After today’s chemotherapy treatment, it’s 12 down, 36 to go. That’s the best estimate I’ve got at this point.
No one really knows, of course. Because it all depends. It depends on how quickly the Big Ugly Monster is wiped out of my body by the chemotherapy drugs and the power of prayer. Forty-eight treatments is a generous estimate, so I’m hoping that we’ll lick this thing far short of that.
After today, I could very well be a quarter of the way there — or even better than a quarter. That’s, of course, what I’m hoping for. What we’re all hoping for.
I need big-time prayers for Monday, as the first CT Scan of my chest has been scheduled for 2:30 p.m. I don’t expect to have results right away. The images will be sent to my doctors to be read. I hope for some clue as to how close we are to winning this war by week’s end, maybe sooner. Rest assured that as soon as I hear something, I’ll let you know.
In the meantime, I’m off to chemotherapy in a little while. I’m not feeling so brave this morning. In fact, I feel pretty awful, physically and mentally.
When I was at the hospital getting my treatment on Tuesday, the Clinical Trials nurse, Robin, went over my blood panel results with me. My white blood cell counts are way down. Something needs to be done about that. And that something comes in the form of a big shot called Neulasta, which I loathe, because it makes my bones ache for 24 hours afterwards.
But when Robin laid out the options — one Neulasta, or five Neupogen, OR, if I pick up an infection, a hospital stay because I have nothing with which to fight it, well, you can see why I chose the single Neulasta shot today, even if it is the size of a Cuban missile.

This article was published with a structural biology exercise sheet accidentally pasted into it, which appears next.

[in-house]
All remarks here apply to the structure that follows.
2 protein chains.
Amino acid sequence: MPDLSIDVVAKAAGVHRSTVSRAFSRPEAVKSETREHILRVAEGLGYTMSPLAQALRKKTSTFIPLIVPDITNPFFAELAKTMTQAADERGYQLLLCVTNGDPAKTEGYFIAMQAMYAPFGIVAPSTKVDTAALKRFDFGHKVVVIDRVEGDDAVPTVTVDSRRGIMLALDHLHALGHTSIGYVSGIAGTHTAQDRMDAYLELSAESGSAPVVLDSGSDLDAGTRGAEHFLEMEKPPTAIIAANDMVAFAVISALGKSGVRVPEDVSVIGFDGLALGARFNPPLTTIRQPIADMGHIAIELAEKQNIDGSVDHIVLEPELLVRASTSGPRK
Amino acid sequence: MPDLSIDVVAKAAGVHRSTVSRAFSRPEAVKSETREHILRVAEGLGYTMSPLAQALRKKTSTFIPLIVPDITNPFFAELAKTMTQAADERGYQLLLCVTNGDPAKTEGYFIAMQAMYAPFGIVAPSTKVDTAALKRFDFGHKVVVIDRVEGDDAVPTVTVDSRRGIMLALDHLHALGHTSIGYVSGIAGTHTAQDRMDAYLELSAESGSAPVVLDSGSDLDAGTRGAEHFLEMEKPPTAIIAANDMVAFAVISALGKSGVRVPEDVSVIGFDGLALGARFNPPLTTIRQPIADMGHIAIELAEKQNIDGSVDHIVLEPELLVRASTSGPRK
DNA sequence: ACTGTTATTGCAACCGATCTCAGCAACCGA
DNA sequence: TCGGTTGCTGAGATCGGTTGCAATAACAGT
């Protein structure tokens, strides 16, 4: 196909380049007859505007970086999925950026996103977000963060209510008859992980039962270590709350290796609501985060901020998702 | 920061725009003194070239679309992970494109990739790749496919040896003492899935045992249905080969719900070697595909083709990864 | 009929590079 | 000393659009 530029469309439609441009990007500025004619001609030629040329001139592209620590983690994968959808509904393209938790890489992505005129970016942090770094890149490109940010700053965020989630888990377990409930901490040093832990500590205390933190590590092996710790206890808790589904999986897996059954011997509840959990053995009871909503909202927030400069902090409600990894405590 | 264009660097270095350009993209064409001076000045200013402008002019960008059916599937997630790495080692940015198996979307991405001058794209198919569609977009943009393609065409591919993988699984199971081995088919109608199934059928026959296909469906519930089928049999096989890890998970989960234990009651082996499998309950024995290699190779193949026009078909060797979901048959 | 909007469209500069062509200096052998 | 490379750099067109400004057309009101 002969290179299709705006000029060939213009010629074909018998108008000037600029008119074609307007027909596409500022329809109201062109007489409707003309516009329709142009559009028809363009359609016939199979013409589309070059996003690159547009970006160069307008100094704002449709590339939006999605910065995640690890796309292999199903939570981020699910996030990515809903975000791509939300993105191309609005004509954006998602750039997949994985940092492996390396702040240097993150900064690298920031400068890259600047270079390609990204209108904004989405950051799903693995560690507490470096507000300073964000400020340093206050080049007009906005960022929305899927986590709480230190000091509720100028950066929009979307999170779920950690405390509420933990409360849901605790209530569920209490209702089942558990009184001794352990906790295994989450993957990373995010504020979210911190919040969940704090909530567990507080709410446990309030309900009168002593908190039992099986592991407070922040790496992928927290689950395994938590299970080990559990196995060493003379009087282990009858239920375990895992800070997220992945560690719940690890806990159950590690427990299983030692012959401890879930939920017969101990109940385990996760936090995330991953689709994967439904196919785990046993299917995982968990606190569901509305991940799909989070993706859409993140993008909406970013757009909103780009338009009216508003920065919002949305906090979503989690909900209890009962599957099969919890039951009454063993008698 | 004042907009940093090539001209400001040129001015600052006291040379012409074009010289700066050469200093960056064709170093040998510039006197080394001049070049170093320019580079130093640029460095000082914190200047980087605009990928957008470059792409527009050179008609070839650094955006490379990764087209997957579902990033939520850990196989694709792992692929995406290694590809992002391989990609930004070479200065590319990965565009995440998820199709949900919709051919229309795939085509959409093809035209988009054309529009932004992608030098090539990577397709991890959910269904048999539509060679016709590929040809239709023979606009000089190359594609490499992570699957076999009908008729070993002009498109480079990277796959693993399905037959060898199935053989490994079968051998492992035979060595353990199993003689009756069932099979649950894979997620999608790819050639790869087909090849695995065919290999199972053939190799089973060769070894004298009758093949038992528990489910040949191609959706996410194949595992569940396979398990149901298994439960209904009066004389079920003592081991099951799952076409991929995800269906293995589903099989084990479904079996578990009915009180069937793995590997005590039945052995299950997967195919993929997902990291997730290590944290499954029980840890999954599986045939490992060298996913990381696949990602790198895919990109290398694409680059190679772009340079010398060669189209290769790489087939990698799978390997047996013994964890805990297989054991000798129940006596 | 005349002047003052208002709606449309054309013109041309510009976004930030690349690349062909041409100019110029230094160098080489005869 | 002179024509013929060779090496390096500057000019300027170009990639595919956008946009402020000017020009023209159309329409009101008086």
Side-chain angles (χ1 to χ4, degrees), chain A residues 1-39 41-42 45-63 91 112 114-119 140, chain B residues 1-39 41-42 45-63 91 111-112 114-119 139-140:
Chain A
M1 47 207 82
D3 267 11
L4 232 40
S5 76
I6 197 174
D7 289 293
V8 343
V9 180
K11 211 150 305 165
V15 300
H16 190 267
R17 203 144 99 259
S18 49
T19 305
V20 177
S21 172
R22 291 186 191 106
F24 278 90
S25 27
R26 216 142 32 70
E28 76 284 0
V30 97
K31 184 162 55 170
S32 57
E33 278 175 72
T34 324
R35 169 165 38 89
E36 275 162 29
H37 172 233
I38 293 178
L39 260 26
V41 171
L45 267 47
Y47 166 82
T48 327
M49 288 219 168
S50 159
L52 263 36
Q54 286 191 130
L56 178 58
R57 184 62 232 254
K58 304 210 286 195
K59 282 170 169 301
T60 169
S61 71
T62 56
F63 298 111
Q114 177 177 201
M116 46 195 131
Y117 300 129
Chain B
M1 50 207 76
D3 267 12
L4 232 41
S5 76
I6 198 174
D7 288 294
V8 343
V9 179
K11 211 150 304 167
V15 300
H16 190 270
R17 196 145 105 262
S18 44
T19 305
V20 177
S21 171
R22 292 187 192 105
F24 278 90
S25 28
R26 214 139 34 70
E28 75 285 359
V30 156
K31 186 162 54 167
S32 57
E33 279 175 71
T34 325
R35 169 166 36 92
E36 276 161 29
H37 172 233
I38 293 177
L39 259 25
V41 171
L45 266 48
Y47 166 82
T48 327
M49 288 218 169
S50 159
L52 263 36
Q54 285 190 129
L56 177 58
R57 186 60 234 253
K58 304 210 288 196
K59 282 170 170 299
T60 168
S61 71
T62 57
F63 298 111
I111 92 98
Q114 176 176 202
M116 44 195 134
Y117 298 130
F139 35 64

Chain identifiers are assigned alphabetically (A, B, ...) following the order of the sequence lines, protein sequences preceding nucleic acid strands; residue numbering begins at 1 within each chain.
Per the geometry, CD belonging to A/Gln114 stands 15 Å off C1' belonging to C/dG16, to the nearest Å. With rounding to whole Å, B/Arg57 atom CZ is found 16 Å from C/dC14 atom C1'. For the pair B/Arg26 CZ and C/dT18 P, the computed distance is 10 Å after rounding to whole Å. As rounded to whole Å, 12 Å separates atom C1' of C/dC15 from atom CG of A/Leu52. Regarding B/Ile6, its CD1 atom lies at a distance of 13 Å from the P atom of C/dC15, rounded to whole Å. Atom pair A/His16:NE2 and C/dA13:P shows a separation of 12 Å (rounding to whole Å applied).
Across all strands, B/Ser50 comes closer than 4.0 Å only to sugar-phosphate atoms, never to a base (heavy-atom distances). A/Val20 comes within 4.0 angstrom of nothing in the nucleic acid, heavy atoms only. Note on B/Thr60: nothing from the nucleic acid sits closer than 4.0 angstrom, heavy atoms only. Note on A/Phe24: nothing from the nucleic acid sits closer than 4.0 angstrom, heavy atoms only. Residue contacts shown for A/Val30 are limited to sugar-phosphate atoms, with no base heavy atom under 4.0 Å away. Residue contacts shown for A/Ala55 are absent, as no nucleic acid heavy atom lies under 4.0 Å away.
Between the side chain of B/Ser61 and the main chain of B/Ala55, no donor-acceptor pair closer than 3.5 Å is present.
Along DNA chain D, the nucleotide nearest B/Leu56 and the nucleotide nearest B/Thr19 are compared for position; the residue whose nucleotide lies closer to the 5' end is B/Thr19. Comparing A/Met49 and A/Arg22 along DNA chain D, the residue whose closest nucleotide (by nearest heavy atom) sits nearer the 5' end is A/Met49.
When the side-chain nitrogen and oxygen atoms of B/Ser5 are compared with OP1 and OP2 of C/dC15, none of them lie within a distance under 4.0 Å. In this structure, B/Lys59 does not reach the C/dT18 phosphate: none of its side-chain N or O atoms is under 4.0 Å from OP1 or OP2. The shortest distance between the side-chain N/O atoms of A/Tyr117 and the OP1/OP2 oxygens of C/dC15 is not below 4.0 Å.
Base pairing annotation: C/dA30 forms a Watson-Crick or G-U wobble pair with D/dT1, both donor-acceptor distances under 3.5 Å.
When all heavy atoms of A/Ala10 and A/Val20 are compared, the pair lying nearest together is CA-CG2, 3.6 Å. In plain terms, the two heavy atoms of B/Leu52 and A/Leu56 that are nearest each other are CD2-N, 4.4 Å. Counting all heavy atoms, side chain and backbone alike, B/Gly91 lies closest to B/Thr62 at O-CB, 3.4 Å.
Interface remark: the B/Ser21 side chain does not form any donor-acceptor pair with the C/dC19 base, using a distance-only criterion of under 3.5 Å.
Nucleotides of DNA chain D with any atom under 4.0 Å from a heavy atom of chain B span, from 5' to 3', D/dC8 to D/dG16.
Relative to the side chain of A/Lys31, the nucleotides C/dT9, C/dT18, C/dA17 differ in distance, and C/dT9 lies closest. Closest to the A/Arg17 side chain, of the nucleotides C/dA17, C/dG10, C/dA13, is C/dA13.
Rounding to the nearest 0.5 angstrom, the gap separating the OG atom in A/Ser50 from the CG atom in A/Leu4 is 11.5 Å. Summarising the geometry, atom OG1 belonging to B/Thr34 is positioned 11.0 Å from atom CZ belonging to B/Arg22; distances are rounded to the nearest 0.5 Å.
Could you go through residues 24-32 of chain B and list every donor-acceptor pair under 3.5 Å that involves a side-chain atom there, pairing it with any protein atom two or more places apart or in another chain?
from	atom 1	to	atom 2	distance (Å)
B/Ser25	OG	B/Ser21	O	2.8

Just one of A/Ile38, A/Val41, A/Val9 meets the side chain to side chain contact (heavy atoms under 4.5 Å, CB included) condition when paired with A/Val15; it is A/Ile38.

When my white blood counts are down, I feel yucky all around. Don said he can tell even before the lab results are in. I don’t rebound as quickly. I’m tired. I have constant nausea. I think I want to eat something, then after I make it or order it, I find that I don’t want it afterall.
So, the bright side is, after I have the Neulasta shot and wait out the aches and pains that accompany it, I ought to start feeling a lot better. And, there’s a lot to look forward to, as next week is my week “off” chemo.
But I still have to get through today. My friend Sandy Sherman Sarlund — we grew up in the same neighborhood and go all the way back to elementary school — will be here in a few minutes. I’m really looking forward to that. She’s bringing breakfast for now and dinner for later, and we’ll hang out a bit and chat over coffee. Then my friend Diane Baldwin will pick me up and take me to my chemo appointment.
I’m only getting one infusion today — the PARP Inhibitor — yet still, I’m feeling grumpy about it. I get so tired of the poking and prodding sometimes. I try to counter those feelings with, “Well, at least they can do something for me. At least there is a treatment and I’m getting it. At least they didn’t tell me at diagnosis, ‘You need to get your affairs in order.'” It could be worse.
Yet, somehow, today, even the “it could be worse” scenario is only brushing the surface. I want to get today’s treatment over with asap so I can come home and be with my family.
What do I dread most about the actual treatments themselves? A couple of things. The flushing of my port, for one.
My port needs to be flushed both before and after every infusion. As soon as that liquid enters my port, my mouth fills with a horrible, metallic taste. Blech.
And then there’s the insertion of the needle into my port itself. I do have a prescription for a lidocaine cream that numbs the area that I apply before leaving for the hospital. I only forgot to do that once. Believe me, you forget to do it once, and you’ll never forget again.
So, I don’t feel pain upon insertion. What I do feel is this weird pressure that I can only compare to the sensation of plugging something into an outlet — only my chest is the outlet.
I can’t wait til I’m back to life as usual, unplugged.
Note: Yesterday, I was having some technical difficulties with my blog site, so I’m not sure that yesterday’s blog entry went out via email to my subscribers. If you didn’t get a notice in your email box yesterday regarding a new post, know that there was indeed a new one — It’s called Lose Yourself.
Copyright 2011, Amy Rauch Neilson